Wilson, also a critic of modern rhythm sections, said, “Drummers today play a continuous solo, from 9 till 4. And I always thought a saxophonist like Parker would sound much better with a conventional rhythm section than with a hipster rhythm section. To my mind, if the background gets too complex, it kills the solo. I guess Dizzy and others like that kind of drummer and that kind of rhythm section, but I don’t. The Parker-like soloists would sound much better if they had simpler harmonic backgrounds; then their own harmonic thinking would come over far better.”
Wilson also said he feels that the development of records, ironically, has helped what he terms the “conformity” in jazz today.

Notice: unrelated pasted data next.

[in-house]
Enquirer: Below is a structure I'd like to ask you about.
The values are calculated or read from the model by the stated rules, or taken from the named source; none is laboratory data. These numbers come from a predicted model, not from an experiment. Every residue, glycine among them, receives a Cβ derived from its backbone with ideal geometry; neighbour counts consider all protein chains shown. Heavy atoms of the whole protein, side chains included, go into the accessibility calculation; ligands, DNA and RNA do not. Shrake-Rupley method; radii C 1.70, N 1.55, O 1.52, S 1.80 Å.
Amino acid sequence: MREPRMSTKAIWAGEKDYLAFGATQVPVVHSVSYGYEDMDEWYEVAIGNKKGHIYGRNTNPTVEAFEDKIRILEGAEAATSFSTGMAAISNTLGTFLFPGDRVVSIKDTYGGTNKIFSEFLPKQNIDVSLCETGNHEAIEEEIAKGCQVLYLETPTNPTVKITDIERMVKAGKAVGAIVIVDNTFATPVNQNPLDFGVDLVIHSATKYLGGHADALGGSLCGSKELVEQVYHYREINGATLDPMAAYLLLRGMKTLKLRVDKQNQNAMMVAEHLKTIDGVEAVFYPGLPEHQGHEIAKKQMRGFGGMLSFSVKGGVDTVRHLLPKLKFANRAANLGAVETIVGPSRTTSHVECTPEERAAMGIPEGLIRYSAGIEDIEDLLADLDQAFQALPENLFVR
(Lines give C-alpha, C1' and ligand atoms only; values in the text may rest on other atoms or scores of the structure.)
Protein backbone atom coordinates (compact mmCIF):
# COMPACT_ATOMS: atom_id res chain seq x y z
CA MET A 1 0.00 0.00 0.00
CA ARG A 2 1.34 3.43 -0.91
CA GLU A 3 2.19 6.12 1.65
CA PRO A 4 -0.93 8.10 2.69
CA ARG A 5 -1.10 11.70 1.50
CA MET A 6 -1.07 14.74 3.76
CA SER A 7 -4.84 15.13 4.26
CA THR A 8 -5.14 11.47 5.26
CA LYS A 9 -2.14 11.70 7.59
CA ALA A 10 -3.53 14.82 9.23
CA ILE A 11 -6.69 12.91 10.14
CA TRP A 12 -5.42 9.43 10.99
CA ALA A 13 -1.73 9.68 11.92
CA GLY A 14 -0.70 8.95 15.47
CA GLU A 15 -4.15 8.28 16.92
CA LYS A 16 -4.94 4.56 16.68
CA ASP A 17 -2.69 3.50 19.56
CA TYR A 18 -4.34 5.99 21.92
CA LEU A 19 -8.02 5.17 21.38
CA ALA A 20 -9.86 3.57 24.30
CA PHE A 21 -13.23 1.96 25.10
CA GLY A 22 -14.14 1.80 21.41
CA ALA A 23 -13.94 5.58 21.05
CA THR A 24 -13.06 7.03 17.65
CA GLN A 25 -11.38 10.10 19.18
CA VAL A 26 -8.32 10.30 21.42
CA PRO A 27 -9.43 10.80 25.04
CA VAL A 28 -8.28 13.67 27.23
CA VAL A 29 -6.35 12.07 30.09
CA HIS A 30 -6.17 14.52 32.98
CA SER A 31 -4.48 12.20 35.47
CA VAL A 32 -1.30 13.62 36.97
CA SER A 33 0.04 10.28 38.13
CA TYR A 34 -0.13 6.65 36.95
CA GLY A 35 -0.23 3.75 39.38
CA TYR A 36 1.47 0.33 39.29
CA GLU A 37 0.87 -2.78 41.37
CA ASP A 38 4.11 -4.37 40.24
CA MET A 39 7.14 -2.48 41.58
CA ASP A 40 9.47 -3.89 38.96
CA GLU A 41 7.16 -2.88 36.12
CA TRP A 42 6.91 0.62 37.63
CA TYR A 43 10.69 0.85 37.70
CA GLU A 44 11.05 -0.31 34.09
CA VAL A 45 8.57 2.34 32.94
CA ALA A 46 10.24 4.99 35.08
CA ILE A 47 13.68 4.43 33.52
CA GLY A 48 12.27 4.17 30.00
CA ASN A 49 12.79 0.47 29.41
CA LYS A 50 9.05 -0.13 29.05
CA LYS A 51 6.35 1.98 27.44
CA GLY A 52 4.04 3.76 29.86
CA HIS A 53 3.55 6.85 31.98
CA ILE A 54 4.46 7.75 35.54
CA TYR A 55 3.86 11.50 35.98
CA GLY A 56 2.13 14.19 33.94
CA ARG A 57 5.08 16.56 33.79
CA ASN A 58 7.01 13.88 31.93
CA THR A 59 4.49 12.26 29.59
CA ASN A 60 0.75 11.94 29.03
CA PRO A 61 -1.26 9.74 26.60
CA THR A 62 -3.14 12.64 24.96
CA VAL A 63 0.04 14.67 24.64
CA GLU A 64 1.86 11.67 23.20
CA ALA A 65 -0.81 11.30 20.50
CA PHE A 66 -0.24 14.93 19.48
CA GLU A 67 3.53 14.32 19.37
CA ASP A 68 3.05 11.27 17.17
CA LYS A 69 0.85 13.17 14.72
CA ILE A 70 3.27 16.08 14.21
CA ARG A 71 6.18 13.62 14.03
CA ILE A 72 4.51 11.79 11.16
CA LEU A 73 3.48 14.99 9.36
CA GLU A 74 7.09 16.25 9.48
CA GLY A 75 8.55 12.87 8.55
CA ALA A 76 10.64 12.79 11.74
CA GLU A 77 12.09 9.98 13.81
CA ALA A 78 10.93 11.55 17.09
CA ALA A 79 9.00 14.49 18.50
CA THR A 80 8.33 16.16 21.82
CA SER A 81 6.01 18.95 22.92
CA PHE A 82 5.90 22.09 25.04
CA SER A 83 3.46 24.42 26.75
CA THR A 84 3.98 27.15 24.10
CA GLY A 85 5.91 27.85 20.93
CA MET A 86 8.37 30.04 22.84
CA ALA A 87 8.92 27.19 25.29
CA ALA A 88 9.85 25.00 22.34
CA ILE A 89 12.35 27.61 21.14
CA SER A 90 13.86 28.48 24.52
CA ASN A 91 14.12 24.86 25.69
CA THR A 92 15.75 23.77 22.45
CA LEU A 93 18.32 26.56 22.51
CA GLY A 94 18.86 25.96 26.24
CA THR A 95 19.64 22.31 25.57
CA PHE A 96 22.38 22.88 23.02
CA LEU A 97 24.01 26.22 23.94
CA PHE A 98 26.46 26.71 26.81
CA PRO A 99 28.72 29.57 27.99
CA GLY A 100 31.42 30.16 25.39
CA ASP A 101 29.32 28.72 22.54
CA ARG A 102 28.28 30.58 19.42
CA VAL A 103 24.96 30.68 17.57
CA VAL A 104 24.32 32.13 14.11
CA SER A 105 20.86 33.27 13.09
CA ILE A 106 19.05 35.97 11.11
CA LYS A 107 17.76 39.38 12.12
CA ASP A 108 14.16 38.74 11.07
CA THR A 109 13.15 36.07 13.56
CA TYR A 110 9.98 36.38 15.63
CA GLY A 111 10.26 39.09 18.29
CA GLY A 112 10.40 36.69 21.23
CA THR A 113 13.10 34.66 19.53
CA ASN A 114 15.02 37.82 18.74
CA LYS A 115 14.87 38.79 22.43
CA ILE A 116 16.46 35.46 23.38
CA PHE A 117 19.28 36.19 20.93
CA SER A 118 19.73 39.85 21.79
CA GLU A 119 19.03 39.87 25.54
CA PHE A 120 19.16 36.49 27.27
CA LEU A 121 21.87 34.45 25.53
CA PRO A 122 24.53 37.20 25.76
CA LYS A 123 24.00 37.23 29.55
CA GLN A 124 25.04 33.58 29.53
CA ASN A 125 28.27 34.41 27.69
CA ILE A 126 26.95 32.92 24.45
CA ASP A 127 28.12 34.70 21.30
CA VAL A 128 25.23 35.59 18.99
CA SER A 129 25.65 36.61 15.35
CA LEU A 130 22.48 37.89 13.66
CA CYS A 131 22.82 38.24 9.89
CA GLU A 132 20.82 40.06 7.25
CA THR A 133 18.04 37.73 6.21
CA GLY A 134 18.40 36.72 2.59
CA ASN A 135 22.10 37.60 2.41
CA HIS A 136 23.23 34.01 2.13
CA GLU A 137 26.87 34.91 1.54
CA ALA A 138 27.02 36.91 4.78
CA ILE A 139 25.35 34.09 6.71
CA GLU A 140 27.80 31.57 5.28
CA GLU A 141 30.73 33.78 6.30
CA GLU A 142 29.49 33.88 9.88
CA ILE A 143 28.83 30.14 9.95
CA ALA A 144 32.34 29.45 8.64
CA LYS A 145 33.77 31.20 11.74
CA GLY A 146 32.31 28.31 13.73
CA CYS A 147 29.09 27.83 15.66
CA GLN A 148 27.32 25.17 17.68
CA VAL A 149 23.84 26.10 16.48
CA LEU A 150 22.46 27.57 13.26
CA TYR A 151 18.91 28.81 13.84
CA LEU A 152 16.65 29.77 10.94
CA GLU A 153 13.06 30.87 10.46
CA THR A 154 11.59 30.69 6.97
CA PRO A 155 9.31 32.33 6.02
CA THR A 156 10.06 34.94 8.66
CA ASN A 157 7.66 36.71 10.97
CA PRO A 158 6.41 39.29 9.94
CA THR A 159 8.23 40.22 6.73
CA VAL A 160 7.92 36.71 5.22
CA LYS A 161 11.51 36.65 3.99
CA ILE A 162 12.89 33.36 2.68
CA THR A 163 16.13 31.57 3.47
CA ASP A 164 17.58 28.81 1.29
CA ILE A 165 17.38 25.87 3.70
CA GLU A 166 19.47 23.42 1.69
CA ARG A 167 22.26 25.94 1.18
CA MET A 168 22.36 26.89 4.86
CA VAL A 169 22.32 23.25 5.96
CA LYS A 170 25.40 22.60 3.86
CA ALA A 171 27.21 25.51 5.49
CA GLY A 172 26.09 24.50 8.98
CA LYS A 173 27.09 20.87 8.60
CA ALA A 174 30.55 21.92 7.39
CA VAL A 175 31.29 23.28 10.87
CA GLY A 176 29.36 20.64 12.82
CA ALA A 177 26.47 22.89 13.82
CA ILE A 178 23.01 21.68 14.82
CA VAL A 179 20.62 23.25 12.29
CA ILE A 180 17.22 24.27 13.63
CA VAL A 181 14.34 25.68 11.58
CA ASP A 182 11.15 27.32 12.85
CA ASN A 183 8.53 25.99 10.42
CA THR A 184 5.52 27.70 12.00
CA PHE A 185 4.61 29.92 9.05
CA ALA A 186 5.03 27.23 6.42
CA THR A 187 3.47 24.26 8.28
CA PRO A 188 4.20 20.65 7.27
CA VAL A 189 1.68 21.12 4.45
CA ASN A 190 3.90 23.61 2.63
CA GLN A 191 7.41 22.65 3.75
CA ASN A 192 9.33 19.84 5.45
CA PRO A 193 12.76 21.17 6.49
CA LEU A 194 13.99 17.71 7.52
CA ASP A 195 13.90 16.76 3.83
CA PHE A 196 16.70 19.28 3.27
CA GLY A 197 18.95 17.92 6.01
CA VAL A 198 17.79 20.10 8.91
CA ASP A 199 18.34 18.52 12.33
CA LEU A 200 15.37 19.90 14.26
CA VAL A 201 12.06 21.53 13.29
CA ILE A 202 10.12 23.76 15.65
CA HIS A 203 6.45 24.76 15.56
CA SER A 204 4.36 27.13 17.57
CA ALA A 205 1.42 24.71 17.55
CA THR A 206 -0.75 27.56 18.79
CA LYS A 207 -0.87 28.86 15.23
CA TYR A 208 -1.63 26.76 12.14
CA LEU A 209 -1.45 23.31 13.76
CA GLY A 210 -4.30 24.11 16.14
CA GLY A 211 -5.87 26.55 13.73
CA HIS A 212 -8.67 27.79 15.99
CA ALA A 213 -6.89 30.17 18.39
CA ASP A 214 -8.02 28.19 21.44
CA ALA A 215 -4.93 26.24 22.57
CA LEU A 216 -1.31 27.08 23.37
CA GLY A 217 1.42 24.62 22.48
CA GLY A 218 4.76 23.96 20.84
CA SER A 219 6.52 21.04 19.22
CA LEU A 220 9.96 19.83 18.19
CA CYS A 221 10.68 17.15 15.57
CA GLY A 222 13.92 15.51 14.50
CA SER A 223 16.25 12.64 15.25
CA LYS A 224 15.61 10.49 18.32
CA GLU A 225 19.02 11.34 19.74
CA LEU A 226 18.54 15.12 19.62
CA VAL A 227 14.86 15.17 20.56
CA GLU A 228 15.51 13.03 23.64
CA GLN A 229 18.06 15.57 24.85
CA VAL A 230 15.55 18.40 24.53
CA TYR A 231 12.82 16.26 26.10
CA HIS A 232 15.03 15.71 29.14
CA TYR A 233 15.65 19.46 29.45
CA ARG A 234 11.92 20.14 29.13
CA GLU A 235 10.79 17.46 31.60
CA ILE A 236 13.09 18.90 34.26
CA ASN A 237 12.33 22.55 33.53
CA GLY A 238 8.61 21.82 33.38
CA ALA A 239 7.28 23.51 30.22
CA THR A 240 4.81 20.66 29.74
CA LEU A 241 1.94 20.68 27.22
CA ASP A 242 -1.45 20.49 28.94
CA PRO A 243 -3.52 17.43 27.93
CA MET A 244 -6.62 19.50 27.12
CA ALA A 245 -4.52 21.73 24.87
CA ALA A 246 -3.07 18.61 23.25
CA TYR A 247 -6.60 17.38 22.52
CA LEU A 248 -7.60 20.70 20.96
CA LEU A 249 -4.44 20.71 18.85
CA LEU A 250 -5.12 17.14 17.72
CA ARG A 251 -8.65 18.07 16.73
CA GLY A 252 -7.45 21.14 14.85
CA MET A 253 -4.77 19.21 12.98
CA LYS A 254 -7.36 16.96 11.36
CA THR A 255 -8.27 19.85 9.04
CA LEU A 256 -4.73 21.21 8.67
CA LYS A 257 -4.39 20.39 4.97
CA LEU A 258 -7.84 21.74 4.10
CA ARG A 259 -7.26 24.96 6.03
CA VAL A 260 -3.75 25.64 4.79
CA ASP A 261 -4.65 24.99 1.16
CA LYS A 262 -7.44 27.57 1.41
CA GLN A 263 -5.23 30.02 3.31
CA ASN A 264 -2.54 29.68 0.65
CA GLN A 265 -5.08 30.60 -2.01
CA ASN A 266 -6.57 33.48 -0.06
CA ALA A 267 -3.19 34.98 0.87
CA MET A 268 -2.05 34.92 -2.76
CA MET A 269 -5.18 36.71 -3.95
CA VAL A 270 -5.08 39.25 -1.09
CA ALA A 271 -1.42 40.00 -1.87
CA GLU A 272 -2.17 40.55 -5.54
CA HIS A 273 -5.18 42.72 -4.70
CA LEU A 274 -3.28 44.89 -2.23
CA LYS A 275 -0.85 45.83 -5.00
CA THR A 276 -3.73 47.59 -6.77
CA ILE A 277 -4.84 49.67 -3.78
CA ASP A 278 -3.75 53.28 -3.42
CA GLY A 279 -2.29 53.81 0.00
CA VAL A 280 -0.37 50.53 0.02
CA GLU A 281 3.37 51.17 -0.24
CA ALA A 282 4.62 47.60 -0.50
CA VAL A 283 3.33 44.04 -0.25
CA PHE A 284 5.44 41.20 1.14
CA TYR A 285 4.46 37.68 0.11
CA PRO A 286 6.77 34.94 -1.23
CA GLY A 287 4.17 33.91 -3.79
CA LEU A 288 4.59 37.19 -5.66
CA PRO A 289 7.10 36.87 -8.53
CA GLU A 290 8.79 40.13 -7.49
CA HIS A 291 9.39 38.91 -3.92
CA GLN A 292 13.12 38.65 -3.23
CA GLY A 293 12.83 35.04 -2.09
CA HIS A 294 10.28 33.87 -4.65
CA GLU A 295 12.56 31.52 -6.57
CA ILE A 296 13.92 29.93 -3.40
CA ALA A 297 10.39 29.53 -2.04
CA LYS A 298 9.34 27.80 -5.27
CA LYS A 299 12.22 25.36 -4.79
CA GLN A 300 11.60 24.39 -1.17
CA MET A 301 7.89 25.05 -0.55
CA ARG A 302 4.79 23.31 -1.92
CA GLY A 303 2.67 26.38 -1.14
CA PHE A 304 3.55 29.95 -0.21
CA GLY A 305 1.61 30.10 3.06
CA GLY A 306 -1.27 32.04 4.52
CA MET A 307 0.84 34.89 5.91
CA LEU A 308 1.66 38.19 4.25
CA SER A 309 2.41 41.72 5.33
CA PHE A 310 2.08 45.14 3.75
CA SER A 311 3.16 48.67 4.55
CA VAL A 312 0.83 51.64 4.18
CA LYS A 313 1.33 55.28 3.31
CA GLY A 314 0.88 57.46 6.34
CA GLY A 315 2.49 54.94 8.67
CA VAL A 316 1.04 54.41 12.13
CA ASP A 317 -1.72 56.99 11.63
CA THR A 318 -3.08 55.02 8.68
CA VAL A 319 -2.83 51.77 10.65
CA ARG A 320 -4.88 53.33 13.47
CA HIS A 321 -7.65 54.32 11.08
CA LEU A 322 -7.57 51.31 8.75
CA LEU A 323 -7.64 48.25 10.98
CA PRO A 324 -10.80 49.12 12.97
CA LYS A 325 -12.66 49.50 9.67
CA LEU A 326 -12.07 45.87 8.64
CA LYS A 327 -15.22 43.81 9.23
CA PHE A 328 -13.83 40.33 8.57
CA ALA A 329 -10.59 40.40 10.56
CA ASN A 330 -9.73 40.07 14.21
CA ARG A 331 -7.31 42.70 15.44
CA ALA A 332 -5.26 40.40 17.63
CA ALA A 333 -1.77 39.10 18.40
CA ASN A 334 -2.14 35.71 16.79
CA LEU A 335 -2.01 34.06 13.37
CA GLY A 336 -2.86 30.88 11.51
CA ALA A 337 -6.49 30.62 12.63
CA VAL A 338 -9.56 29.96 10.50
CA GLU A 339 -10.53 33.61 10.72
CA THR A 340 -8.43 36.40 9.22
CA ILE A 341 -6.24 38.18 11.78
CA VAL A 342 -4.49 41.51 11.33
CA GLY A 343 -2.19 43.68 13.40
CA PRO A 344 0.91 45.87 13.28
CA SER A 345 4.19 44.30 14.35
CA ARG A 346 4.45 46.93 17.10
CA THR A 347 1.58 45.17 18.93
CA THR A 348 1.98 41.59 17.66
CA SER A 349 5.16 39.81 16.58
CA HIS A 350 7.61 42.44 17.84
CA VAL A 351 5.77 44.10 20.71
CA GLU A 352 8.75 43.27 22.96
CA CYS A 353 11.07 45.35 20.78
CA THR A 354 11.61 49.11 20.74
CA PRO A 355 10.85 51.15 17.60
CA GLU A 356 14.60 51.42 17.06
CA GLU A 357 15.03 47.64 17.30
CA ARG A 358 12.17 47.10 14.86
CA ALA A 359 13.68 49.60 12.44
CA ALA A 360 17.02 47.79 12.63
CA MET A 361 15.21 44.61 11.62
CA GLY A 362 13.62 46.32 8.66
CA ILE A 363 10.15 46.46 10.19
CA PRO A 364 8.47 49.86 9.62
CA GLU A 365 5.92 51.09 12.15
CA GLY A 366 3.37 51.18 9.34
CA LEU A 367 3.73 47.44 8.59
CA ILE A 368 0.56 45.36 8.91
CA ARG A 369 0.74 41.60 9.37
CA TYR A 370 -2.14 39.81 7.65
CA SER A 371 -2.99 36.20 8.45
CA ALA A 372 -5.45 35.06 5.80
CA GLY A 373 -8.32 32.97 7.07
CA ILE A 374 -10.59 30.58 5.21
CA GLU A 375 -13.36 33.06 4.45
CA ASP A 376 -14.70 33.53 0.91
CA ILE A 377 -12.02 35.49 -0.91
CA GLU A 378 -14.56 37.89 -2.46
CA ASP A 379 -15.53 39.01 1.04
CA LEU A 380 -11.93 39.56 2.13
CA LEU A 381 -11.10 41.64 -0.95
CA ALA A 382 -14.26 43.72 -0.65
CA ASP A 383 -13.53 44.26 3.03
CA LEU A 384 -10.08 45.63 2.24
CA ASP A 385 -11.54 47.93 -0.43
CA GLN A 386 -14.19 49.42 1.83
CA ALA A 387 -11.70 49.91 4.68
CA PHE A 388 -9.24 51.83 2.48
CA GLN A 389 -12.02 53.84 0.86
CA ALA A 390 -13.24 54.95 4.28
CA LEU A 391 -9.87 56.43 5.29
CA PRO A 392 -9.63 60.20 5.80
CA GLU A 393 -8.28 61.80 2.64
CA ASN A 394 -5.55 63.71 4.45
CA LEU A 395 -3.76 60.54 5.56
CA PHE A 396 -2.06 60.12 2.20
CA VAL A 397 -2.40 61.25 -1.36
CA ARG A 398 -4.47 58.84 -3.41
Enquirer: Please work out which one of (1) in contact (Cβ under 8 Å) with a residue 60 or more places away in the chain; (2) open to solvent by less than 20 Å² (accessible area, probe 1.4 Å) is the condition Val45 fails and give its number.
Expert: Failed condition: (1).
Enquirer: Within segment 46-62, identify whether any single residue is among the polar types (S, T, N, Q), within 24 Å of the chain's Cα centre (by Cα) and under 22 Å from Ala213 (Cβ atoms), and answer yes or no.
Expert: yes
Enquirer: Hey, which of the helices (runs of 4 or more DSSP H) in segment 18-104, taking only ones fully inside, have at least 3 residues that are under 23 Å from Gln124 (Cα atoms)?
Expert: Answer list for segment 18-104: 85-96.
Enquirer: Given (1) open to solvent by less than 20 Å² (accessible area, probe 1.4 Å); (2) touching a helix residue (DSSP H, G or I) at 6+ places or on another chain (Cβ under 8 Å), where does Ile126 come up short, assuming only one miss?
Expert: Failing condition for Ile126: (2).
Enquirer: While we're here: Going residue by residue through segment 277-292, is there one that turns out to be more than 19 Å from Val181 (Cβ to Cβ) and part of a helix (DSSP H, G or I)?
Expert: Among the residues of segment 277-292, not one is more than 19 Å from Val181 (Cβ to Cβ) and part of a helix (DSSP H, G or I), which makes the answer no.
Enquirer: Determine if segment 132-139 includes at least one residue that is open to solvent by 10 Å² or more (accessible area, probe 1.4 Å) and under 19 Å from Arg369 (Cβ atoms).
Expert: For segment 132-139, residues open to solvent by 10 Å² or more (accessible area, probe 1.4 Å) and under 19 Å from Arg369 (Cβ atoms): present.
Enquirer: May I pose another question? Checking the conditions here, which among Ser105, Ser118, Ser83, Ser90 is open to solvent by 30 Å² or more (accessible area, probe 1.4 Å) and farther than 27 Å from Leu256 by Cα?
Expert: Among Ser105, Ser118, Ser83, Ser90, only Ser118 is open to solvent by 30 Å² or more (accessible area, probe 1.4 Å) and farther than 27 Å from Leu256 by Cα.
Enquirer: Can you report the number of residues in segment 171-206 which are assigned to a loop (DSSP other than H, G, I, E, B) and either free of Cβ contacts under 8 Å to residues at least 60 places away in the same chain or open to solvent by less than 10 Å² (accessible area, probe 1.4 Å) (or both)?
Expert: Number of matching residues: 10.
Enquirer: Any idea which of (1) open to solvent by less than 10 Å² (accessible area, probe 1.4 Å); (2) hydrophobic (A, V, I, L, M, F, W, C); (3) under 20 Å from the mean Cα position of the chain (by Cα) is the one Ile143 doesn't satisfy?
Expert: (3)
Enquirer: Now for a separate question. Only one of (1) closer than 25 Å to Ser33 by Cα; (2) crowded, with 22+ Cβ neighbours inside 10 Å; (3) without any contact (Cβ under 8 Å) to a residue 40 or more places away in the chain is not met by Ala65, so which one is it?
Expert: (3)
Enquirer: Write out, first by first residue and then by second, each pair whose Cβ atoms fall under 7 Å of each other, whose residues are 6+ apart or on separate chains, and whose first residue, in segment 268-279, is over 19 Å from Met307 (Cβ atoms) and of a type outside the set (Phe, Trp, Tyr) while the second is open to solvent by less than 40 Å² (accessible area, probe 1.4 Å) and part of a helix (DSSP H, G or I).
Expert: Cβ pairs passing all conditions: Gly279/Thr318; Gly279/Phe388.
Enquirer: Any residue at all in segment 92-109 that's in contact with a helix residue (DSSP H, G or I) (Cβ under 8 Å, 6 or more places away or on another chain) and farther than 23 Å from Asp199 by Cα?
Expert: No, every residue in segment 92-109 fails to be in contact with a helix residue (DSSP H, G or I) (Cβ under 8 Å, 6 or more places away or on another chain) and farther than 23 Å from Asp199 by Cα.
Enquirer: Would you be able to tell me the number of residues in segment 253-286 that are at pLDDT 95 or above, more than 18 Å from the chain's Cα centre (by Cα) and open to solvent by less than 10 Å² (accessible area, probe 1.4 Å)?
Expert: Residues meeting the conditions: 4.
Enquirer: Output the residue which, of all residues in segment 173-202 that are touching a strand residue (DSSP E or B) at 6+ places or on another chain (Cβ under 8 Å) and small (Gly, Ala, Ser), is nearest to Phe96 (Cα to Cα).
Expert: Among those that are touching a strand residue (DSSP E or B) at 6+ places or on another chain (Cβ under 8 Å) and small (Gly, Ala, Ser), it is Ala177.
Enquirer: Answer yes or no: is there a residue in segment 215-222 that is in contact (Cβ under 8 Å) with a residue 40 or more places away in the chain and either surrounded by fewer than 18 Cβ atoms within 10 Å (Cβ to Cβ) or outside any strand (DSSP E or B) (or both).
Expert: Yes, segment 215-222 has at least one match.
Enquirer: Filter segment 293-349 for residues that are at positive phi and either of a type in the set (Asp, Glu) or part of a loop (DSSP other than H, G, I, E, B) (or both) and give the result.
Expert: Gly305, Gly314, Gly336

“When I came up, there was a good deal of local influence,” he said. “We would travel 30 miles or so to hear another musician who had his own way of playing. Musicians developed different approaches to music in different cities. But today the same jazz records are available and popular all over. They influence young musicians in New York, Atlanta, Paris or Tuskegee at the same time. All this tends for conformity.”
Perhaps Wilson’s point of view concerning jazz today is best summed up with this offhand remark: “You have creative people and you have imitative people, and in a period of conformity, as today, there are more imitative people.”
What does he think of the music business today?
“I do feel that music has got to come back,” he said. DB
This article was taken from Downbeat.com